From humanitarian law to action in behalf of humanity
by Erwin Staub, Professor of Psychology at the University of Massachusetts at Amherst
Humanitarian law is a powerful legal and moral advance. However, enforcement mechanisms are limited and individuals and groups often do not follow these laws. Even if there were better enforcement mechanisms, upholding the law would primarily be dependent on people caring about other people and their welfare. For individuals, whether an average person or a leader, and for whole groups to behave according to humanitarian law, and to be active bystanders who take action to protect others, even more importantly than knowing the law, they have to adopt as their own the values on which it is based and the principles it embodies. They have to value human beings and their welfare. They also have to be sufficiently free of absorption in their own needs and concern with their own well-being that they will notice and respond to others’ pain and suffering. This is a matter of social conditions, culture and individual characteristics.
Devaluation of the other versus inclusive caring
Human being easily draw lines between “us”and “them,” and easily devalue those they identify as them. In many societies a devaluation of whole groups of people develops. Devaluation may serve the purpose of justifying discrimination, while discrimination in turn maintains devaluation. When life is difficult in a society, a devalued group is often selected as a scapegoat, is blamed for life problems, or is identified as an enemy of some ideology that promises a better future. When discrimination against these devalued others intensifies and violence begins, the cultural devaluation that members of the society have absorbed makes it less likely that they speak out against policies and practices that harm the devalued group.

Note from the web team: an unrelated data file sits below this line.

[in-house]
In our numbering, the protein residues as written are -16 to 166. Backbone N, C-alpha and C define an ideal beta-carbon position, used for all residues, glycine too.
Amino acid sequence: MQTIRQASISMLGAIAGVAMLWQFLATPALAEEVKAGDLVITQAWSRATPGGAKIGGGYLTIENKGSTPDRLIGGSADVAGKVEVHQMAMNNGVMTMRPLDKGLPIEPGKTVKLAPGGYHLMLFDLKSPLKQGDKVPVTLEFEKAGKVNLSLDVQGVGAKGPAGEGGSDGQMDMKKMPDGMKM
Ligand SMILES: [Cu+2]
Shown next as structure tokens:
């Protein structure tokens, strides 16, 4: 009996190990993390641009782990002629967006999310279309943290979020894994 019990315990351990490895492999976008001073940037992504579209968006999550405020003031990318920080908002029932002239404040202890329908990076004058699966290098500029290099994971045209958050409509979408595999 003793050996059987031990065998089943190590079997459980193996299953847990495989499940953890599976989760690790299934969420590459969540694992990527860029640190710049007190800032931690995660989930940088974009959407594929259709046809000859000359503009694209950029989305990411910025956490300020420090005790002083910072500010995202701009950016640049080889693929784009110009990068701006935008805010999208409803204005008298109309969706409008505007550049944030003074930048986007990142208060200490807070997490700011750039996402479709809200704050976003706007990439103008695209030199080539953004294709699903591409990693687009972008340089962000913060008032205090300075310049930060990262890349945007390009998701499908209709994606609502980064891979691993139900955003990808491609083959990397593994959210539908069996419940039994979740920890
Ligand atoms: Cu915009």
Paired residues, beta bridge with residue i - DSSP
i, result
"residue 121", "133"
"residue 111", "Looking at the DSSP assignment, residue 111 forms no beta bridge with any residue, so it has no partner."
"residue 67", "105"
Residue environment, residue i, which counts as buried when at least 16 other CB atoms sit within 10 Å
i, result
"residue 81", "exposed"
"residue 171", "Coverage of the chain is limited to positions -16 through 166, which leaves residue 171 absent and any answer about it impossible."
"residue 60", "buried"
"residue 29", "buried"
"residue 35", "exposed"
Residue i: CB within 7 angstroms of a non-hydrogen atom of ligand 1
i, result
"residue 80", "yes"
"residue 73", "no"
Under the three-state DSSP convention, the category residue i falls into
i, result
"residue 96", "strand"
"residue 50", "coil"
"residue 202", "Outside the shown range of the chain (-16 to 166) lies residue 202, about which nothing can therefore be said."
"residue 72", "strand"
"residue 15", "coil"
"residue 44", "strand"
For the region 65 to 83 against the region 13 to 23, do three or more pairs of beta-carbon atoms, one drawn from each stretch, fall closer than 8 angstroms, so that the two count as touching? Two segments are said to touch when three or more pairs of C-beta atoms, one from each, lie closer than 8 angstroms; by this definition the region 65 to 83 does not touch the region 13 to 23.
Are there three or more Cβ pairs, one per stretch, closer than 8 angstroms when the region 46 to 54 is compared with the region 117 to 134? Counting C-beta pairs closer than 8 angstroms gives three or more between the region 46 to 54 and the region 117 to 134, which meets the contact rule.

Extreme devaluation means that the devalued other is excluded from the realm of humanity. When this happens, in the psychological experience and perspective of those who devalue, moral values and principles (and therefore, presumably humanitarian laws) stop to apply to these devalued others. Thus, in every society, humanizing those who are defined as “them” and devalued, using words, images, local laws, and so on, is essential if people are to speak out in opposition and engage in political action when policies and practices of persecution arise.